29. 29. THE YOUTH OF TODAY The power behind your brand tomorrow What is youth? Is youth about freedom? Self-expression? A search for identity? There are many definitions of youth, but in Indonesia, youth is power. SECTION 02 THOUGHT LEADERSHIP 58 BrandZ™ Top 50 Most Valuable Indonesian Brands 2015 59 Thought Leadership EMPOWERED YOUTH With an average age of 29, Indonesia is a nation of millennials. Throughout Indonesia’s history, young people have played an important role in all the nation’s milestones, including Indonesia’s independence back in the 1950s, and the uprising that led to the restoration of democracy in 1998. As our first president, Sukarno, said, “Seribu orang tua hanya dapat bermimpi, satu orang pemuda dapat mengubah dunia.” A thousand old people can only dream; one young person can change the world. Young Indonesians are at the heart of the digital media explosion taking place. The TNS Connected Life study, which looks at the habits of internet users, found that 99.4 percent of 16- to 34-year-olds in the study use social networks. In this connected era, young people have the power to play an even greater role in the development of their country than in the past. In 1928, young Indonesian nationalists made what has become known as the Youth Pledge. They proclaimed three ideals: one motherland, one nation, and one language. Their declaration is marked each year on October 28th, the anniversary of the day it was first made. Now, the technologically empowered youth of Indonesia can make a digital Youth Pledge, announcing their allegiance to the nation through Twitter and Facebook. In 2010, the passion young people have both for digital communication and for their country came together in a project called Indonesia Optimis. This was an effort to modernize the traditional August 17th Independence Day flag raising that most Indonesians attend during their school years, but never bother going to again. The campaign worked across Twitter, Foursquare, and YouTube to spread enthusiasm for a flag-raising ceremony that was streamed online – taking the event to the screens young people held in their hands. In one week, the site was visited by 54,000 people. In another example of young people wielding their tremendous digital power, a campaign to help a housewife fight a legal battle raised four times the amount of money she needed. The woman at the center of the case was being sued for the equivalent of US$20 million by a hospital over claims she made about her treatment there. The case was dropped, and the US$80 million that was raised has funded a foundation to help people in similarly difficult legal situations. There is a danger, however, that once marketers realize the power of Indonesia’s youth, authenticity is lost. Some brands have exploited young people and their social media habits to pursue their own agendas, and as a result, young Indonesians have grown cynical about involvement in branded social media projects. This has happened to such an extent that some brands have given payment or gifts in return for social media endorsement. People with a large enough social media following have been able to turn their buzz into a revenue stream as lucrative as having a 9-5 job. But while campaigns built on this basis build ‘likes’ for brands, they deliver little else. In our experience helping brands create movements online, there are several rules of engagement: The cause. We needed to stay away from carrot and stick, and instead rely on a strong, motivating cause that rewards ’purpose’. Daniel Pink, the author of Drive, defined this as people’s natural desire to contribute to a cause greater and more enduring than themselves. Be organic. The movement needs to behave less like marketing activity and more like organic growth. This requires careful consideration of how the movement will start, the way influencers get involved, and the way the brand makes its entrance. Encourage participation. The examples above all demonstrate how an important aspect of sustaining a campaign is making it easy for people to get involved and participate on their own terms. Perhaps the most important of all, be a brand that seeks to build a genuine relationship with the target audience. No number of pseudo movements will ever replace a genuine relationship based on mutual respect and love. Daniel B. Siswandi Chief Strategy Officer J. Walter Thompson Daniel.Siswandi@jwt.com J. Walter Thompson Worldwide, the world’s best-known marketing communications brand, has been creating pioneering solutions that build enduring brands and business for more than 150 years. www.jwt.com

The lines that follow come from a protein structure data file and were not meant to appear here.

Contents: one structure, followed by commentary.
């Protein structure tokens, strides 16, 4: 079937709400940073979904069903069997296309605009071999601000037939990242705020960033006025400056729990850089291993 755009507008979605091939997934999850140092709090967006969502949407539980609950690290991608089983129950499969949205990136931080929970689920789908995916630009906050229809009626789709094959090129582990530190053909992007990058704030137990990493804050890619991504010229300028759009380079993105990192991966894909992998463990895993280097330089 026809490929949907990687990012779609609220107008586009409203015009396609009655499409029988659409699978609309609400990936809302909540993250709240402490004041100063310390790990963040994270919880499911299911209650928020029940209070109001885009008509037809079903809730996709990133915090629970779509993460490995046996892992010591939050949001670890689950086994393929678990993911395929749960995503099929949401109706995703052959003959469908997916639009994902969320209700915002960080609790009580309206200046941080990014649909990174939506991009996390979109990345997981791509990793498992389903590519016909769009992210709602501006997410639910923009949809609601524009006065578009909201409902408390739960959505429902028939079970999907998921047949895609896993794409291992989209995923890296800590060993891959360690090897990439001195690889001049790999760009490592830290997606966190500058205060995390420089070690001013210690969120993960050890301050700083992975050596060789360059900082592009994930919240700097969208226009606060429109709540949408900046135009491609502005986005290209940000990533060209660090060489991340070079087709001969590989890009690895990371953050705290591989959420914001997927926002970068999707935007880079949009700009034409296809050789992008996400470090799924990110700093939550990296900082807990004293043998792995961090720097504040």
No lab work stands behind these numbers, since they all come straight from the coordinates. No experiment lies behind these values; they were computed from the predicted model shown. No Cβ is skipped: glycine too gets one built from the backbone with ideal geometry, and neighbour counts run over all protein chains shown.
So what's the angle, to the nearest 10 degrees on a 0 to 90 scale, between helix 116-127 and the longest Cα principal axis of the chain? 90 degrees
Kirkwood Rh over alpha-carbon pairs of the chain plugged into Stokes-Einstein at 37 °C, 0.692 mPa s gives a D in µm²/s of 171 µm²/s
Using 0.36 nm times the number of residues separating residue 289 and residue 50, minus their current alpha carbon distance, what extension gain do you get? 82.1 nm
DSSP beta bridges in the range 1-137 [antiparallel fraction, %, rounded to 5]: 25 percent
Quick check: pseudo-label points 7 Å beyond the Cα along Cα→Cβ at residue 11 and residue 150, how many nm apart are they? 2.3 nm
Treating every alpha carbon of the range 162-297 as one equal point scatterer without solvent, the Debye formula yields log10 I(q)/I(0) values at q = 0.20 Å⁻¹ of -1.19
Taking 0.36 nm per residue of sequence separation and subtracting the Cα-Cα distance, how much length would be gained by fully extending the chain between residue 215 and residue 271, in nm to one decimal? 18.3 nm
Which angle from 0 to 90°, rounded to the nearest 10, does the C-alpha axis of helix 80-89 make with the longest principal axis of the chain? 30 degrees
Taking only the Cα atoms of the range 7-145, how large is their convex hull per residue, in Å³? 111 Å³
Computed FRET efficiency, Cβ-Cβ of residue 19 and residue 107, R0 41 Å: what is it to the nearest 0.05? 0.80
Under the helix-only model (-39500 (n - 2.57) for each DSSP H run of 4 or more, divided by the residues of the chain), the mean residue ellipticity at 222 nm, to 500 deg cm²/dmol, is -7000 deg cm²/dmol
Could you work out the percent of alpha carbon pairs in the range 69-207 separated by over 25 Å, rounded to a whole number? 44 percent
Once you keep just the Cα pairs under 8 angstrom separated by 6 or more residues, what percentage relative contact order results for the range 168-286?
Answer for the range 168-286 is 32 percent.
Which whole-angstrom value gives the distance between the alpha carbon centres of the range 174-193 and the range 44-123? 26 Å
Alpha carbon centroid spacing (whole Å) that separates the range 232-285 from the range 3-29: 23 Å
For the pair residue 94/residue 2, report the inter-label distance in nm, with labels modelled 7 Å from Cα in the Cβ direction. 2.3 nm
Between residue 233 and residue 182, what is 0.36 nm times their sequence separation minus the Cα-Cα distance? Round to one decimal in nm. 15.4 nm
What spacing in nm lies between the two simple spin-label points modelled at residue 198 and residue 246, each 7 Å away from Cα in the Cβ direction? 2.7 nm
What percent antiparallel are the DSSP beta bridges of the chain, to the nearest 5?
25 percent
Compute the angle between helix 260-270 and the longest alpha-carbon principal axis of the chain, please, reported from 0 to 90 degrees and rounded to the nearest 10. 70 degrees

30. 30. The economic winds of change, through their impact on both the demand side, and the supply side, have led to a fundamental transformation of consumer behavior in Indonesia. SECTION 02 THOUGHT LEADERSHIP 60 BrandZ™ Top 50 Most Valuable Indonesian Brands 2015 61 There are more consumers in a position to be more demanding than ever before of the products and brands they choose. Rising affluence fuelled by rising incomes means consumers can afford to consider a greater range of brands, and be more demanding when they do. They want products that offer more, and brands that make them feel special. The growth of new markets within Indonesia is also expanding the ranks of the consumer class. Residents of urban centers in Sumatra, Kalimantan, Sulawesi, and in burgeoning small towns in Java, are now in a better position than ever to buy. The increasing number of women in the workforce, in part due to the new business opportunities the internet offers, is giving women greater individual spending and decision- making power, and boosting overall household incomes. There is a rise in both drive and personal ambition, particularly among millennials and Generation Y – people born from the 1980s onwards. They want to achieve more, be it at work or through rising entrepreneurial ambitions. While consumers’ list of wants has been growing and changing, the supply side of the consumer equation has been, too. The rise of mini-markets across the country means many more people have access to a greater range of goods, and for manufacturers, it is becoming easier to achieve national distribution. As more people live within reach of self-service mini- markets, there is a new pressure to contend with: the agony of choice. People now have to stand in front of an aisle or wall of goods and decide what they want to buy. This is becoming a bigger issue for consumers by the day, as the appeal of Indonesia’s lucrative market attracts new companies with new brands and there are more new product launches. In the food and beverage category in particular, the explosion of choice in recent years has been tremendous. Further, increasing internet access provides greater access to a whole new world of opportunities. So, consumers want more, and there are more ways for them to get it. But they don’t just want more of the same. With plentiful choice and heightened demands, here are three ways brands can help consumers find what they really, really want. 1. CELEBRATE DIFFERENCE People want to feel special, and are drawn to products and brands they feel are specifically targeting them. Specialization can cater for people in different demographics, people pursuing different lifestyles, for men and women, or for consumers with differing budgets. The power of specialization is already evident in rising sales of milk powder developed specifically for children, at the expense of standard milk sales. Likewise, there has been growth in personal care products marketed specifically at men, and there is a rise in price tiering across categories. 2. EXCEL IN SPECIALIZED NEEDS Good for everything will become good for nothing. More need- specialized brands will be the order of the day as consumers become more informed and bored of the old. By focusing on sensitive teeth, Sensodyne is making inroads into a mature category. The SIM card brand 3, from Hutch, has focused almost exclusively on its data advantage, and this single-mindedness has enabled the brand to outgrow others in a highly competitive category. 3. TARGET OCCASIONS Consumers are already shopping across a range of brands and price bands within a category, using different brands for different consumption occasions, particularly in the food and beverage category. Occasion-focused marketing is a way to inspire more frequent consumption and drive growth. The macro-economic winds of change have already caused significant differences in the behavior of Indonesian consumers. These winds of change are only going to get stronger. Specialization is imperative in this environment if brands are not to get left behind. GIVE ME MORE The rise of the demanding Indonesian consumer Suresh Subramanian Managing Director TNS Suresh.Subramanian@tnsglobal.com Thought Leadership DEMANDING CONSUMERS TNS is one of the largest research agencies worldwide. We provide actionable insights that help companies make impactful marketing decisions that drive growth. www.tnsglobal.com